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Coffee aficionados know that there are few pleasures in life quite like a perfectly crafted espresso. It’s a sensory delight, from the intoxicating aromas wafting through the air to the rich, velvety crema that rests atop a beautifully balanced shot.
But as any seasoned home barista will tell you, the path to espresso nirvana is fraught with challenges, and among the most annoying is the sight of a stuck espresso puck clinging stubbornly to the grouphead of your machine.
In this article, we will unravel the mystery of the stuck espresso puck, exploring the reasons behind this pesky problem and sharing tips on how to prevent it from happening again.
Get ready to elevate your espresso game and bid adieu to those pesky stuck pucks once and for all.
Why Does My Espresso Puck Get Stuck?
A frequent cause of an espresso puck getting stuck to a grouphead is due to packing too much ground coffee into your portafilter basket.
Tamped coffee grounds expand when pressurized water is introduced to the basket during the brewing process.
So when your portafilter is locked into the grouphead there is nowhere for the coffee grounds to go when they start to expand but up, causing the espresso puck to stick to the group head.
You may have experienced your puck sticking to the shower screen of the grouphead when dialing in a new bag of coffee beans or experimenting with a different dose.
For example, when dialing in your espresso, if you’re using a grinder with a preset dose, they are notoriously inaccurate as they work on a timer rather than weight which can cause more or less coffee to land in your basket.
Always weigh your espresso dose, and don’t rely on your particular coffee grinder to always be accurate.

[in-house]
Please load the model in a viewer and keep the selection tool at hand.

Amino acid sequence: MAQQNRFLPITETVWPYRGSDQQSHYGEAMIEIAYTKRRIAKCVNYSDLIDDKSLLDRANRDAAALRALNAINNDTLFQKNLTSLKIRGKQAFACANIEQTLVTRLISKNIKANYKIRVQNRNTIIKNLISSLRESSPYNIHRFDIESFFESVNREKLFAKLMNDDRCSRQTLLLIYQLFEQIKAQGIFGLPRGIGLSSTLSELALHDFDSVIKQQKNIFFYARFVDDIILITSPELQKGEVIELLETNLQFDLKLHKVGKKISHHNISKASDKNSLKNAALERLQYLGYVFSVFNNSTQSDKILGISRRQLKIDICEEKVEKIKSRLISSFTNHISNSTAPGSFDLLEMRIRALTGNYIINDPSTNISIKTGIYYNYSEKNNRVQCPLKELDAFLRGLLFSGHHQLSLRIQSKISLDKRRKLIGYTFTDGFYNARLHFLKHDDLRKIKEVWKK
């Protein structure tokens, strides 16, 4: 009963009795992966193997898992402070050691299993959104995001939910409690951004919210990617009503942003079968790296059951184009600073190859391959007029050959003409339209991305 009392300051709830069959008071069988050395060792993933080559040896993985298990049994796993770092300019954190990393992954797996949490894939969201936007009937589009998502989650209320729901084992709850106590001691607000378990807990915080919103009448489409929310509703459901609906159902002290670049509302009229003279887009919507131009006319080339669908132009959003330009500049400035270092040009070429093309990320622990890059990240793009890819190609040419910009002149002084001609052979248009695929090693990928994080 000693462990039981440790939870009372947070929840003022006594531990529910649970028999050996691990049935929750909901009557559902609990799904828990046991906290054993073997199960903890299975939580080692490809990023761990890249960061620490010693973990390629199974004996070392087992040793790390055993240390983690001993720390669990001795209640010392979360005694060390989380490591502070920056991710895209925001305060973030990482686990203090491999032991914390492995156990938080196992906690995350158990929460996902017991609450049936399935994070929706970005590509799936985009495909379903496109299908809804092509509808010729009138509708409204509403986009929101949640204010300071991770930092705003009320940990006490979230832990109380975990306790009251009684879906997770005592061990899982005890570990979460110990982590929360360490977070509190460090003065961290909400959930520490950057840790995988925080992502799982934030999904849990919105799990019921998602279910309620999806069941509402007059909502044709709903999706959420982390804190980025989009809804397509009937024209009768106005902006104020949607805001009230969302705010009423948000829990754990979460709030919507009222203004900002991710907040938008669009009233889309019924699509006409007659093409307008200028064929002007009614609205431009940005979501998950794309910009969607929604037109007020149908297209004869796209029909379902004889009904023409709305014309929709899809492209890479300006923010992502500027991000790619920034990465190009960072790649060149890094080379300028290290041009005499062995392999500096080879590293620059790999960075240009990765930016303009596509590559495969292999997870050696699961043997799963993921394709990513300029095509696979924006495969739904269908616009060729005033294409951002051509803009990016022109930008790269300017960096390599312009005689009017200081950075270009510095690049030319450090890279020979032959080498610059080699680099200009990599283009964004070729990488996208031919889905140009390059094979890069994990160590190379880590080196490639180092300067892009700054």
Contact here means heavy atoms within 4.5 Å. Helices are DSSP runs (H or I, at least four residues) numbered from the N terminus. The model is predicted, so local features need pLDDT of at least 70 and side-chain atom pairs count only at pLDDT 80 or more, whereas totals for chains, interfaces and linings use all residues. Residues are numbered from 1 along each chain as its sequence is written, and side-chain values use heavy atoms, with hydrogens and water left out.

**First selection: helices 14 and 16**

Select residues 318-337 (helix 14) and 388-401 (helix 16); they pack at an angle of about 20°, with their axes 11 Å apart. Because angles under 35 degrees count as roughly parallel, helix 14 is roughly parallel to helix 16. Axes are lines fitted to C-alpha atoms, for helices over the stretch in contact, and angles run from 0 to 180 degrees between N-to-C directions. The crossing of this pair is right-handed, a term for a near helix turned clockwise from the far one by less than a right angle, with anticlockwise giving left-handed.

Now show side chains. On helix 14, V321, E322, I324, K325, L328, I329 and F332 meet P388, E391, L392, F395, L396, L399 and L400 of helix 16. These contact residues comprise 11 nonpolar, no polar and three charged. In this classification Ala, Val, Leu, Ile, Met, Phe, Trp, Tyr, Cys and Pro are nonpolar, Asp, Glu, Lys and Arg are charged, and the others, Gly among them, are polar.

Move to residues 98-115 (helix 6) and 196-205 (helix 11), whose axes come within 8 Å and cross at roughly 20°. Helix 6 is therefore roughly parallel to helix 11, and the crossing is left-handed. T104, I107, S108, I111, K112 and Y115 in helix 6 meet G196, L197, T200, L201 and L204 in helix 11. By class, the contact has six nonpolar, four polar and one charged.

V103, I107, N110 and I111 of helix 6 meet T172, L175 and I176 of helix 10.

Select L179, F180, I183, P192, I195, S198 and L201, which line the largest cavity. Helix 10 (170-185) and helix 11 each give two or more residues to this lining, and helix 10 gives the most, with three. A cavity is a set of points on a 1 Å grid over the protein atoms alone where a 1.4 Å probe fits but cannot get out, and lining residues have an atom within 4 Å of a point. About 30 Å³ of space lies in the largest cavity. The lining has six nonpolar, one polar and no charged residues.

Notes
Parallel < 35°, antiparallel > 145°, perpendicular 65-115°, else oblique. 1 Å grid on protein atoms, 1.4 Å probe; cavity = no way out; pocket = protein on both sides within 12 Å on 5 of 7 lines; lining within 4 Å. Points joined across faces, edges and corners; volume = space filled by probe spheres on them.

Another reason why your espresso puck becomes stuck could be due to brewing espresso with the wrong amount of pressure. Most of the best espresso machines will allow you to adjust the pressure and water temp. Make sure your machine is set to about 200 F and at least 1.3-1.5 on the pressure gauge.
And finally, another cause can be due to environmental factors, such as changes in ambient humidity.
If all other brewing factors are the same and you’re suddenly getting sticky pucks, humidity could be the cause. Changes in biometric pressure or humidity could be affecting the grind making it more or less clumpy, which might affect the integrity of the puck.
How To Get Espresso Puck Out?
If you’ve removed your portafilter and noticed that your basket is empty, have a quick glance up underneath your espresso machine, it’s probably stuck up in there.
To dislodge the espresso puck, take your portafilter and place it over the stuck puck. Gently move your portafilter back and forth and try to remove the puck from the grouphead so that it lands back in the basket.
Another option is to use a wooden spatula or string stick to try and remove the pesky puck! Just be careful where it lands, place your espresso knock box underneath.
If you’d rather not poke around underneath your espresso machine, simply run the shower screen without the portafilter attached, and the puck will fall off.
This method can produce a bit of mess, but if you leave your drip tray in place, a lot of the grounds and water will land in there.
How To Avoid A Puck Sticking To The Grouphead?
Diagnosing why your espresso puck is not coming out clean can take a bit of detective work.
Firstly I would take a closer look at your dose, rather than relying on your electric coffee grinder to spurt out the “correct” weight, use a coffee scale to double-check to ensure you’re getting the exact right dose.
Also, be sure to use the correct sized basket for your portafilter as well, for example, weighing out a double shot into a 20g basket and not a smaller single-serve basket.